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Steve Grand On Catholicism: The Side You Haven't Seen Of 'The First Openly Gay Male Country Star'

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STEVE GRAND
Steve Grand, seen here at Hilton Chicago to kick off North Halsted Market Days on Aug. 9, 2013, in Chicago, Ill. The event was sponsored by Hilton Hotels & Resorts to raise funds for LGBT youth programs. (Photo by Timothy Hiatt/Getty Images for Hilton Hotels & Resorts) | Getty

As a member of a tight-knit Catholic community in Lemont, Ill., Steve Grand could often be found making money in recent years by singing Christian songs at his local church. But Grand, now a rising Internet pop star who has been described as "the first openly gay male country star," says he didn't always believe his priest's claim that the church was open to all people. Throughout his life, he says he never saw an openly gay person perform there.

His feelings changed dramatically after his song "All-American Boy" became a YouTube sensation this summer, racking up more than a million views in a little over a week. It shows Grand mooning over a cute (and straight) boy at a campfire, kissing him in the lake, and then watching, sad-eyed, as he returns to his girlfriend. Many church members have commended Grand for his courage to openly sing about his sexuality, and his priest has held him up as a model Catholic.

As Grand prepared this week for the Friday release of another video, called "Stay," which shows him with a new love interest, he said he maintains that his Catholic upbringing and close relationship with a Catholic community are compatible with his life as a gay man.

"I think with 'All-American Boy,' people saw my four minutes of angst," Grand said, the night before the new video was set to be uploaded to YouTube. "This time, I wanted people to see me happy because there are definitely times in my life I'm rejoicing and feeling good."

Father Kurt Boras, the priest at Grand's church, said that Grand has greatly impacted the community.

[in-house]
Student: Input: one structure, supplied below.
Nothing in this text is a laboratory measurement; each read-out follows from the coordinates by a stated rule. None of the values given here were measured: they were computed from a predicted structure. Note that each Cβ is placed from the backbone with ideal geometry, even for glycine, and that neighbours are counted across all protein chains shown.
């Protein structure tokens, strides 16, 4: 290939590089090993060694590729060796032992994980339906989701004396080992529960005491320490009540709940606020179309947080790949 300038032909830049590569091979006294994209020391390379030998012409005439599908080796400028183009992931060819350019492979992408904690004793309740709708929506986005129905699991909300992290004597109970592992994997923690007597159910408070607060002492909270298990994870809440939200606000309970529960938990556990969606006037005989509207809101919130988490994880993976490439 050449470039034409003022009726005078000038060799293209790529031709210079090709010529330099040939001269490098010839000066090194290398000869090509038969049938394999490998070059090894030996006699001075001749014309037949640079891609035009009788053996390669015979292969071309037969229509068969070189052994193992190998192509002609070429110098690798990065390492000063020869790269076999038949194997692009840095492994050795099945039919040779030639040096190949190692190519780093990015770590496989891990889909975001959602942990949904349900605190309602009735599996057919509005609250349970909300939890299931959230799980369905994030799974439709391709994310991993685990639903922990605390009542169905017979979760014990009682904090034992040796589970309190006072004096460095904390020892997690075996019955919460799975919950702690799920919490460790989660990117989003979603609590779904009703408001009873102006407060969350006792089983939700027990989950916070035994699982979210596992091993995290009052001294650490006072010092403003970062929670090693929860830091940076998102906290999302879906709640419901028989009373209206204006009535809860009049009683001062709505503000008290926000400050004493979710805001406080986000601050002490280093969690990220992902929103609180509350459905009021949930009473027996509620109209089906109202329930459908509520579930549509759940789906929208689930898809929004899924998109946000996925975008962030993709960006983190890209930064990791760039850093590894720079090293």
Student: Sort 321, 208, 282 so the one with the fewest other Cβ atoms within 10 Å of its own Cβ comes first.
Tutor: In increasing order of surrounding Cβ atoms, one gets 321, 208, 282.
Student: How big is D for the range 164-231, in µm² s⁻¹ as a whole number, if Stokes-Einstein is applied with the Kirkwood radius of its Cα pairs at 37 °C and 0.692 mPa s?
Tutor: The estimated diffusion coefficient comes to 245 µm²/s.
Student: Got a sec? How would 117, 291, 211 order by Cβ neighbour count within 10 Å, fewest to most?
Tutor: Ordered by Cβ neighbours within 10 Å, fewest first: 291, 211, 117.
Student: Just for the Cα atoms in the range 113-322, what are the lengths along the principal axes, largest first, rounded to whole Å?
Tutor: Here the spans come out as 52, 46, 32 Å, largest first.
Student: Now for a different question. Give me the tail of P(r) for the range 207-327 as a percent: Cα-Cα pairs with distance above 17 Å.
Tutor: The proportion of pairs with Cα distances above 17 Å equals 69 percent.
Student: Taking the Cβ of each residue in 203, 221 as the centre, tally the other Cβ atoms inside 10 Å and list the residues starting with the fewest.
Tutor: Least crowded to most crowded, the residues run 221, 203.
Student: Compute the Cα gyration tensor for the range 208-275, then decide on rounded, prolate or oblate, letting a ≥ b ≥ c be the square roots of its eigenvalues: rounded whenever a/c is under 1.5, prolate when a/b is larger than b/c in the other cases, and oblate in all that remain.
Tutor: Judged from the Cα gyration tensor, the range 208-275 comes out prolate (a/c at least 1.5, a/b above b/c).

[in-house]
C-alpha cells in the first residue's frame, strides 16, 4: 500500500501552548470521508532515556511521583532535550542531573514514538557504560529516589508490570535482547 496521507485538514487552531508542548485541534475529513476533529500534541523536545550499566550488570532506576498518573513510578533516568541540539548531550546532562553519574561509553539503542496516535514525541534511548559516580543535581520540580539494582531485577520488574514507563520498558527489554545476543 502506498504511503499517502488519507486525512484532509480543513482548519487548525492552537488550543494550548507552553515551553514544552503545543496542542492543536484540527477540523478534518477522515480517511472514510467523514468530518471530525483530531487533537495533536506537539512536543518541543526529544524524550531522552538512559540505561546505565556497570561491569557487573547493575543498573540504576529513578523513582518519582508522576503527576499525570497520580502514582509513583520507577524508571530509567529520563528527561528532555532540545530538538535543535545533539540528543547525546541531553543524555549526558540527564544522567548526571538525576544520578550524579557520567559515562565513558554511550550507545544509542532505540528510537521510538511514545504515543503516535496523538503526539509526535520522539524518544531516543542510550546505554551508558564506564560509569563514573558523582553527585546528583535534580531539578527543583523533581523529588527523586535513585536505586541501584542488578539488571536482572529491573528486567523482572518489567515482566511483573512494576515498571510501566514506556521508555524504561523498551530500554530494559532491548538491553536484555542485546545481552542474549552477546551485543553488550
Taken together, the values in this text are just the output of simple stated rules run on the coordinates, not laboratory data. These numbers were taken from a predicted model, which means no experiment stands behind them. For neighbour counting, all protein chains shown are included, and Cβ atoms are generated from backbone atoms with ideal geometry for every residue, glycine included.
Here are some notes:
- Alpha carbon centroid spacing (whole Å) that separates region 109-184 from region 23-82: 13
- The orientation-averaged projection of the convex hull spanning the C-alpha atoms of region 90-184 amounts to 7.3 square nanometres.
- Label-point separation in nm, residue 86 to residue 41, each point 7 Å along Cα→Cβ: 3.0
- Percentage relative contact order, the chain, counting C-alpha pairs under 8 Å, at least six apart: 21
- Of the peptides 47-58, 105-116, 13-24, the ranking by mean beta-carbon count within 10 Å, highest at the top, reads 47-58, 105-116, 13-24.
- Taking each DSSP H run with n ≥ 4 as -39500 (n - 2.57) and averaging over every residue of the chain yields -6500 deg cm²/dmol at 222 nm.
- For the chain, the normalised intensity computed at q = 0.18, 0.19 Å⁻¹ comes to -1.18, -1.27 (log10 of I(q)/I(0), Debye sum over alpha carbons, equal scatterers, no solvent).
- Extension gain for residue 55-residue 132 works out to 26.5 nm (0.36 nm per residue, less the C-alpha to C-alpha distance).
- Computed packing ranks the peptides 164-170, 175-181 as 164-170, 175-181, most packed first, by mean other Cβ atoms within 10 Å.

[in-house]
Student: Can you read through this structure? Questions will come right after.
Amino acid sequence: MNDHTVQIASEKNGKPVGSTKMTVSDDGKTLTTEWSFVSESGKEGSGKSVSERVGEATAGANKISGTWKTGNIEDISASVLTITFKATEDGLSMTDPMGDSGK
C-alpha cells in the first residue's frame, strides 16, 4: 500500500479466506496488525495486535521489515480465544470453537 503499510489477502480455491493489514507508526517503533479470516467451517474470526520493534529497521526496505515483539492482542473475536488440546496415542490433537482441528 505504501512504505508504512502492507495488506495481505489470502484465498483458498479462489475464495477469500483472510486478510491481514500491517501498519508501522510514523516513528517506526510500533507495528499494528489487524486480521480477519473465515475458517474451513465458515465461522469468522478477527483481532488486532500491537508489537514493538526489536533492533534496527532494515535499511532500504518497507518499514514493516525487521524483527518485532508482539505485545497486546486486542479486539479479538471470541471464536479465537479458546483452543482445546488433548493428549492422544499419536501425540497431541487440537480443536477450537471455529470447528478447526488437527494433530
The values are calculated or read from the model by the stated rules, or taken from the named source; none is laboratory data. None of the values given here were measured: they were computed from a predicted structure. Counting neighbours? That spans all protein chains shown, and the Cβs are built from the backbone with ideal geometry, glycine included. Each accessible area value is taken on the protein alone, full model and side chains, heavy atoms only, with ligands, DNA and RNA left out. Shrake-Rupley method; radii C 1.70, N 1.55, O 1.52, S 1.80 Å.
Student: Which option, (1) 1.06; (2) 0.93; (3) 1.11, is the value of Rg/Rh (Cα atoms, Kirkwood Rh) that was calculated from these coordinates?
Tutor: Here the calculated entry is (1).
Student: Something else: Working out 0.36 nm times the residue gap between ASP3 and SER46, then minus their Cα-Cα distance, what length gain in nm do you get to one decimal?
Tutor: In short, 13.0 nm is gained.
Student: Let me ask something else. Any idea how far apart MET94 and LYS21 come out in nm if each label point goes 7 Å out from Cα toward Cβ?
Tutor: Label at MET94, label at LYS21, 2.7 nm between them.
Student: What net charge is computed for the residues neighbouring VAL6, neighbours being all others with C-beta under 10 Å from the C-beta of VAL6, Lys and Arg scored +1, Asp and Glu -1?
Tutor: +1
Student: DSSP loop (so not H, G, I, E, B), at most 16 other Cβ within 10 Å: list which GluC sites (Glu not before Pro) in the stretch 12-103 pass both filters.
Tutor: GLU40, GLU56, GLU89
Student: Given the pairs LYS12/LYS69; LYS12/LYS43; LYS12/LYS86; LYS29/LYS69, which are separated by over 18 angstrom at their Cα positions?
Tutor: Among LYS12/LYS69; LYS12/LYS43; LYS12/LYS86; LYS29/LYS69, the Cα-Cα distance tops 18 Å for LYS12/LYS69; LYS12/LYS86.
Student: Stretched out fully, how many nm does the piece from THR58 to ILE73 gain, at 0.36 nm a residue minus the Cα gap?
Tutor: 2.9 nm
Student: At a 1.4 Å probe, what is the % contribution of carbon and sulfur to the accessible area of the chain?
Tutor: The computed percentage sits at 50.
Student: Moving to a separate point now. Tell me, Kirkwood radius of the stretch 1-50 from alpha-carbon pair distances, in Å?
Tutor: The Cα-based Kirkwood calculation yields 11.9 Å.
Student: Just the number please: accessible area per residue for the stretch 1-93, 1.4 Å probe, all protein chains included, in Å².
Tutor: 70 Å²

"I think he's changing our community, he's changing us," Boras said in an interview with The Huffington Post a few weeks after the release of "All-American Boy." Boras watched the video with some of the church staff, and any concerns were about the whiskey and beer consumption in the video, not Grand's sexuality, he said.

Still, he added, he was astonished by the way the members of his church reacted to Grand's first video. Although the church is in the Chicago suburbs, Boras describes it as a "very simple country parish."

"I've never seen this before. It's opened up conversations with me that are unbelievable, really," he said. "A lot of folks have come to me and said, 'I have a gay daughter, a gay son.' This young man has really opened up some conversations that maybe I would never have had as a pastor and they're coming and saying, 'Can we talk to you?'"

Boras said that he has not heard a single negative thing from anyone at his church about Grand or the video. He attributes part of this to Grand himself, whom he describes as "charismatic, humble and warm." But part of it, he believes, is also due to Pope Francis, who made a statement in July that Boras says represents a dramatic shift in the Catholic church's stance on homosexuality. "He said, 'Who am I to judge?' and that one statement, I'm telling you, has opened up conversations for me as a pastor that I could never have imagined before. It's a new kind of era."

Grand said he has been both surprised and moved by the reactions to his first video. Fans have declared him a "hero," while critics have accused him of betraying the gay rights movement -- both by expressing support for the Catholic Church and by refusing to condemn the Christian therapist he was sent to by his parents to be "cured" of his homosexuality.

"A lot of people have criticized me for playing at Catholic churches, where I made a lot of money, and I was shocked by that," Grand said. "In my mind, I think it could only be a good thing. Ten years ago, I was sitting in those same pews, and if I'd seen an openly gay musician leading the songs of worship in church, that could have really changed my life and saved me many years of feeling that I was somehow wrong."

During the last weekend of August, Grand announced to his church community that he would have to stop playing regularly at Sunday masses because of his increasingly hectic schedule performing around the United States. After playing his last song for the church, he stood in front of the crowd and said, "You know, I'm gay. And I think that's okay and I really believe that God loves us for who we are, gay or straight."

Grand received three standing ovations. Afterward, he got a note from one churchgoer who told him that she no longer felt ashamed to be part of the greater Catholic church.

"It felt like a big sigh," he said. "I think people are so relieved to hear those words come out of someone's mouth at the pulpit."

Watch Grand's new music video below:

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